Digital information has long been portrayed as an elsewhere, a new and different cyberspace, a tendency I have coined the term “digital dualism” to describe: the habit of viewing the online and offline as largely distinct. The common (mis)understanding is experience is zero-sum: time spent online means less spent offline. We are either jacked into the Matrix or not; we are either looking at our devices or not. When camping, I have service or not, and when out to eat, my friend is either texting or not. The smartphone has come to be “the perfect symbol” of leaving the here and now for something digital, some other, cyber, space.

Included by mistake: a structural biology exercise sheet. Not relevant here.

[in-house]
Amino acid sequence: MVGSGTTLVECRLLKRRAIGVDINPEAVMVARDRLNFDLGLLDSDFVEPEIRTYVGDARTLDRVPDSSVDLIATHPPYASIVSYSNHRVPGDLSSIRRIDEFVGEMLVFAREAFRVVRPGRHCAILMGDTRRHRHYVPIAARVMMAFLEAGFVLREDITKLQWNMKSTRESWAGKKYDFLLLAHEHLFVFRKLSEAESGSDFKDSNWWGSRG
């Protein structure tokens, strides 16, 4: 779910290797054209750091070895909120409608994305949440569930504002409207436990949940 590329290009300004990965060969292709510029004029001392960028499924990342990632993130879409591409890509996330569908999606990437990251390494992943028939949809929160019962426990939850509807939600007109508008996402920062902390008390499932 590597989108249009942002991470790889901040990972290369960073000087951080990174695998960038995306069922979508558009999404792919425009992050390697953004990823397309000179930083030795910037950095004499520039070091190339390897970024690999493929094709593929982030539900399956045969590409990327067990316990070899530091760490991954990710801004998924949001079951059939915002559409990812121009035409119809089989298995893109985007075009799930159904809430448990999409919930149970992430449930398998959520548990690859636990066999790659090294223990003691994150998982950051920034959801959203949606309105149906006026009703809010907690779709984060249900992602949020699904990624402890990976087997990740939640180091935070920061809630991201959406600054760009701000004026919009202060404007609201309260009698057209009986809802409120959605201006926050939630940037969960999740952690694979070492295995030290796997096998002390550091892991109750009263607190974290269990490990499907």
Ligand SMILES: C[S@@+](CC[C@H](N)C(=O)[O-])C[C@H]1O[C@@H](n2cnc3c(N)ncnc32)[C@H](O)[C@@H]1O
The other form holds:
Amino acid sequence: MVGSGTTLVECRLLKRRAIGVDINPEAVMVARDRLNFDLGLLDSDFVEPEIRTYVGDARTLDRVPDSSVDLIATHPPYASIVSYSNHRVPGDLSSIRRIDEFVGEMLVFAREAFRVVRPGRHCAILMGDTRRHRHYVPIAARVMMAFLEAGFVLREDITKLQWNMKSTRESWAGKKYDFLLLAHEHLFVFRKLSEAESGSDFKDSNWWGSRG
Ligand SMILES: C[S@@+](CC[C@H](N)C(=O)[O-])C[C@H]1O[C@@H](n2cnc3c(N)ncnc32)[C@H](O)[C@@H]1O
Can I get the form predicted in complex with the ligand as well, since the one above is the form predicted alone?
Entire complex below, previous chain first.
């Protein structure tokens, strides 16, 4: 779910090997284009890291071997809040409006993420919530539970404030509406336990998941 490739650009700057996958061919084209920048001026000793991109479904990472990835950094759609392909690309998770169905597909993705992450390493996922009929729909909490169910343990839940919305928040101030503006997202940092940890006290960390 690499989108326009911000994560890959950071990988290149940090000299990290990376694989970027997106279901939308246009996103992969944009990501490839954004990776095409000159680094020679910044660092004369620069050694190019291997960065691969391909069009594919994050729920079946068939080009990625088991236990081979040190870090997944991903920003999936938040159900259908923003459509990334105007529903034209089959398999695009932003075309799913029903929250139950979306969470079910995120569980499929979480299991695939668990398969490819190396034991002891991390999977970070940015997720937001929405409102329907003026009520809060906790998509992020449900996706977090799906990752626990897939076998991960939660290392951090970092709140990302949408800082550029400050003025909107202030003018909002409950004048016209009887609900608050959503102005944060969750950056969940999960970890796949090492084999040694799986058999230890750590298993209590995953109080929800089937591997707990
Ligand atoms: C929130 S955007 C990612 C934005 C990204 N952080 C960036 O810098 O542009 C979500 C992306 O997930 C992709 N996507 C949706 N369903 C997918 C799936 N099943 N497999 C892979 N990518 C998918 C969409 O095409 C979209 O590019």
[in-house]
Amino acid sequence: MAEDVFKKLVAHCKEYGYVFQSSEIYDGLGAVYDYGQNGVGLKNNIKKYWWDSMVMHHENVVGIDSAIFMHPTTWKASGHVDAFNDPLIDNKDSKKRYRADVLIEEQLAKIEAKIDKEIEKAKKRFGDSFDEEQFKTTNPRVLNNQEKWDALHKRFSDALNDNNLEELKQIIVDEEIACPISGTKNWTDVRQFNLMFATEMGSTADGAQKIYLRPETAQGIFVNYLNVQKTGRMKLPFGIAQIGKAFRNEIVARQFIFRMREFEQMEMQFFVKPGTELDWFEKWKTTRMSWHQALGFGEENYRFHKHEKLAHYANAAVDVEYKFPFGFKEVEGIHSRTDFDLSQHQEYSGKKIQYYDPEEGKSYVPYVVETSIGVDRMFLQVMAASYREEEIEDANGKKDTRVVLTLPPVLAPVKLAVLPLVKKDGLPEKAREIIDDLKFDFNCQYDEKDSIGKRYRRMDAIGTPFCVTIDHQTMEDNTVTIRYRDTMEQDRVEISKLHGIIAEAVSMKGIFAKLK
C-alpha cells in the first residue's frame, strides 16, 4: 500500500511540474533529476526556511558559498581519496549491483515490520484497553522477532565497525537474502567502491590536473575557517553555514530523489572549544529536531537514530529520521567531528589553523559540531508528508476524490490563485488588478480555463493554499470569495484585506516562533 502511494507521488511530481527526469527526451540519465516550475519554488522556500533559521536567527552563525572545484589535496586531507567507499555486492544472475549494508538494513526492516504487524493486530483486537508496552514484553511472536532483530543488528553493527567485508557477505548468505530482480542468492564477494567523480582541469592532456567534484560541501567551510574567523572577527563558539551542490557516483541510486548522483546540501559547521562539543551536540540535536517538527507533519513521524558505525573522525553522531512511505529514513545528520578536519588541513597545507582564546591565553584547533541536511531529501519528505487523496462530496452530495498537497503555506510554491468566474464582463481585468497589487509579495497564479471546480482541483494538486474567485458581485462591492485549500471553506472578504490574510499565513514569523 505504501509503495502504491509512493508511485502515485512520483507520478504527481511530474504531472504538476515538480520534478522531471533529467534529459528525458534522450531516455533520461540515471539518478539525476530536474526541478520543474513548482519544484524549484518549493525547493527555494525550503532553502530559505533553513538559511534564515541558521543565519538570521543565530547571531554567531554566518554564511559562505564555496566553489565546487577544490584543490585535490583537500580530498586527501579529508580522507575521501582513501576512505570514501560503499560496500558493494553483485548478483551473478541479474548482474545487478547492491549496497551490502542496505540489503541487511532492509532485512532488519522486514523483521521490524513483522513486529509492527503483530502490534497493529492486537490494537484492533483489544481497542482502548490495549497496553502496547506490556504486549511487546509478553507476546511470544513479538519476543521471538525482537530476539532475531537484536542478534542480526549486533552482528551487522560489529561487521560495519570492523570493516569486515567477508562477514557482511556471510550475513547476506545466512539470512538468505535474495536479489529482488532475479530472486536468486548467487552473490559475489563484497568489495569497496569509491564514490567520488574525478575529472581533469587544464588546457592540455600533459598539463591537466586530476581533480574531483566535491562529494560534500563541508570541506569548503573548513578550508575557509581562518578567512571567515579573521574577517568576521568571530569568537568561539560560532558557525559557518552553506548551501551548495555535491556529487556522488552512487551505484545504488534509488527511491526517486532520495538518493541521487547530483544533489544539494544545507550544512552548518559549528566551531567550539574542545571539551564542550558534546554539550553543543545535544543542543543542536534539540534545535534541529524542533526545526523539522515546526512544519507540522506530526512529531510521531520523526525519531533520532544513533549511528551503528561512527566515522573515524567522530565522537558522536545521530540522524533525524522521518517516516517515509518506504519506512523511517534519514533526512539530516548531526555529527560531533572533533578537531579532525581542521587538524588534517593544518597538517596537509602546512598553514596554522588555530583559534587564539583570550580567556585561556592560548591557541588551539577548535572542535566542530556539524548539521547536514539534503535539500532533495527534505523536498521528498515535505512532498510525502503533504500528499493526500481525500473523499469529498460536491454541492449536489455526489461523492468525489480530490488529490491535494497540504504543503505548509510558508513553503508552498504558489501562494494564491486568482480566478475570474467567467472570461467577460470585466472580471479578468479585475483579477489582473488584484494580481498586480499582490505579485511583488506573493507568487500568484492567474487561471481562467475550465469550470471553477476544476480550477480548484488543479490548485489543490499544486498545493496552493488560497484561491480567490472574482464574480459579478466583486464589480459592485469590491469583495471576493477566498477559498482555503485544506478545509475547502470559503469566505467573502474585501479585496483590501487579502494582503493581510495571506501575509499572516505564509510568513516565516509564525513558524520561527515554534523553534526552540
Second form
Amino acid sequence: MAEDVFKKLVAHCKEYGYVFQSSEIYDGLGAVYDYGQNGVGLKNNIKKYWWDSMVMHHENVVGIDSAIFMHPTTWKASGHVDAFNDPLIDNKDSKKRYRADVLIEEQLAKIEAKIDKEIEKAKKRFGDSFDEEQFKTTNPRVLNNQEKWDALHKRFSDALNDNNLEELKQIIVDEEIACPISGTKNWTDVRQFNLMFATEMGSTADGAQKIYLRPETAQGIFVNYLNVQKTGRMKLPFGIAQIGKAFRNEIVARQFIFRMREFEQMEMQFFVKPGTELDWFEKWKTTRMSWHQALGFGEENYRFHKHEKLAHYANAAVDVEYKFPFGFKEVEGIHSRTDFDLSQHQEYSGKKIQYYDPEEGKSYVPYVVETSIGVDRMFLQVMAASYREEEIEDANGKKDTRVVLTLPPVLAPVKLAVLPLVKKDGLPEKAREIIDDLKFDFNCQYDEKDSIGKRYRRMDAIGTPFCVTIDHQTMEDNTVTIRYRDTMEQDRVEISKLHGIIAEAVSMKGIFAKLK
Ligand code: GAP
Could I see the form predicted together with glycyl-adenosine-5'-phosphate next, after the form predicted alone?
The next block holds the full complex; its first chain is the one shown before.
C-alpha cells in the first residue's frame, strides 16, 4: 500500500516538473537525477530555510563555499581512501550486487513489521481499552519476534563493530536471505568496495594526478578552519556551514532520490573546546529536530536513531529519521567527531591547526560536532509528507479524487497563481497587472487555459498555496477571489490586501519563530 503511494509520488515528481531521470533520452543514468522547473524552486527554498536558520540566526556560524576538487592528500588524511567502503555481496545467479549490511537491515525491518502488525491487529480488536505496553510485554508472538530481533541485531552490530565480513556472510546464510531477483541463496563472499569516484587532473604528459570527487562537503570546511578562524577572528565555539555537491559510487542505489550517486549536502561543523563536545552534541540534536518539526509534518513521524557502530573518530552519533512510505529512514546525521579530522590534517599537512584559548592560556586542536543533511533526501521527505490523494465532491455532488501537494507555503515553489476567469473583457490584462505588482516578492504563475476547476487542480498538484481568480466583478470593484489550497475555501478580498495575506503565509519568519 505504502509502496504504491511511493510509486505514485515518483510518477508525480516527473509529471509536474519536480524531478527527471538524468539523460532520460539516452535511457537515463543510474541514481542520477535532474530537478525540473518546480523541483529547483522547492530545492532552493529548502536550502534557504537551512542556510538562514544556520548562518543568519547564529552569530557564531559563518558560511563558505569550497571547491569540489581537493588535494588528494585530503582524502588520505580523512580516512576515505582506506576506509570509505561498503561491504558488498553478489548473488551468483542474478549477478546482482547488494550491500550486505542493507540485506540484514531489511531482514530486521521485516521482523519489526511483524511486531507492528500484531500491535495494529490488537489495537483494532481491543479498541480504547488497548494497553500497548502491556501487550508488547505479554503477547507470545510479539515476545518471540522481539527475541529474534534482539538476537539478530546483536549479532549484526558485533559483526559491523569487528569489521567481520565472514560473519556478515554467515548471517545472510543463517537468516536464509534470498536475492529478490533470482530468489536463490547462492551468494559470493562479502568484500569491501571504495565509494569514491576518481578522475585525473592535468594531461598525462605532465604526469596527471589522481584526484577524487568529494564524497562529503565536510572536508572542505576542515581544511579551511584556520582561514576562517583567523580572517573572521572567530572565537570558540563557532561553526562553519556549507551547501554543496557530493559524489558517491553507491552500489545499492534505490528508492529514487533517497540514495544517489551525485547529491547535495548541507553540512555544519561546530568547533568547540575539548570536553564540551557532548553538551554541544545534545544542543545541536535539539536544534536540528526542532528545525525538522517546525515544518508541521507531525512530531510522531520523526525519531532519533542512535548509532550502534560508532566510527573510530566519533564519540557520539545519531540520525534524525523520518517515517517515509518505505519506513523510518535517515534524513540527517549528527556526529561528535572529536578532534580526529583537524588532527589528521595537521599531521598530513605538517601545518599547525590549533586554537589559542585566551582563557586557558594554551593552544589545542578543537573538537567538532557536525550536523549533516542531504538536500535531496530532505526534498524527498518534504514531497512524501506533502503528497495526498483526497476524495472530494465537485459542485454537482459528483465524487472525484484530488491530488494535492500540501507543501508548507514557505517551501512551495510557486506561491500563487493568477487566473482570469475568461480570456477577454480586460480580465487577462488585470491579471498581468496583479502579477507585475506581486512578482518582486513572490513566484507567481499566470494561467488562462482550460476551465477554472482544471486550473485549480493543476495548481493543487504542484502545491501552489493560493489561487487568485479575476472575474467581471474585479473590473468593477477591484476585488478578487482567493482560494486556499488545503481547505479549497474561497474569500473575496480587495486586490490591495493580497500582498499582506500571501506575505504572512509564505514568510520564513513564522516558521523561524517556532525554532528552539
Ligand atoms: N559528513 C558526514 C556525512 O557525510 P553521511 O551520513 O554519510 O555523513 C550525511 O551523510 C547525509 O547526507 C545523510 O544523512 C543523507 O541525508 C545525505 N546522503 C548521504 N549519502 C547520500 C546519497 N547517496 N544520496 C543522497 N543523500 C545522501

But this idea that we are trading the offline for the online, though it dominates how we think of the digital and the physical, is myopic. It fails to capture the plain fact that our lived reality is the result of the constant interpenetration of the online and offline. That is, we live in an augmented reality that exists at the intersection of materiality and information, physicality and digitality, bodies and technology, atoms and bits, the off and the online. It is wrong to say “IRL” to mean offline: Facebook is real life.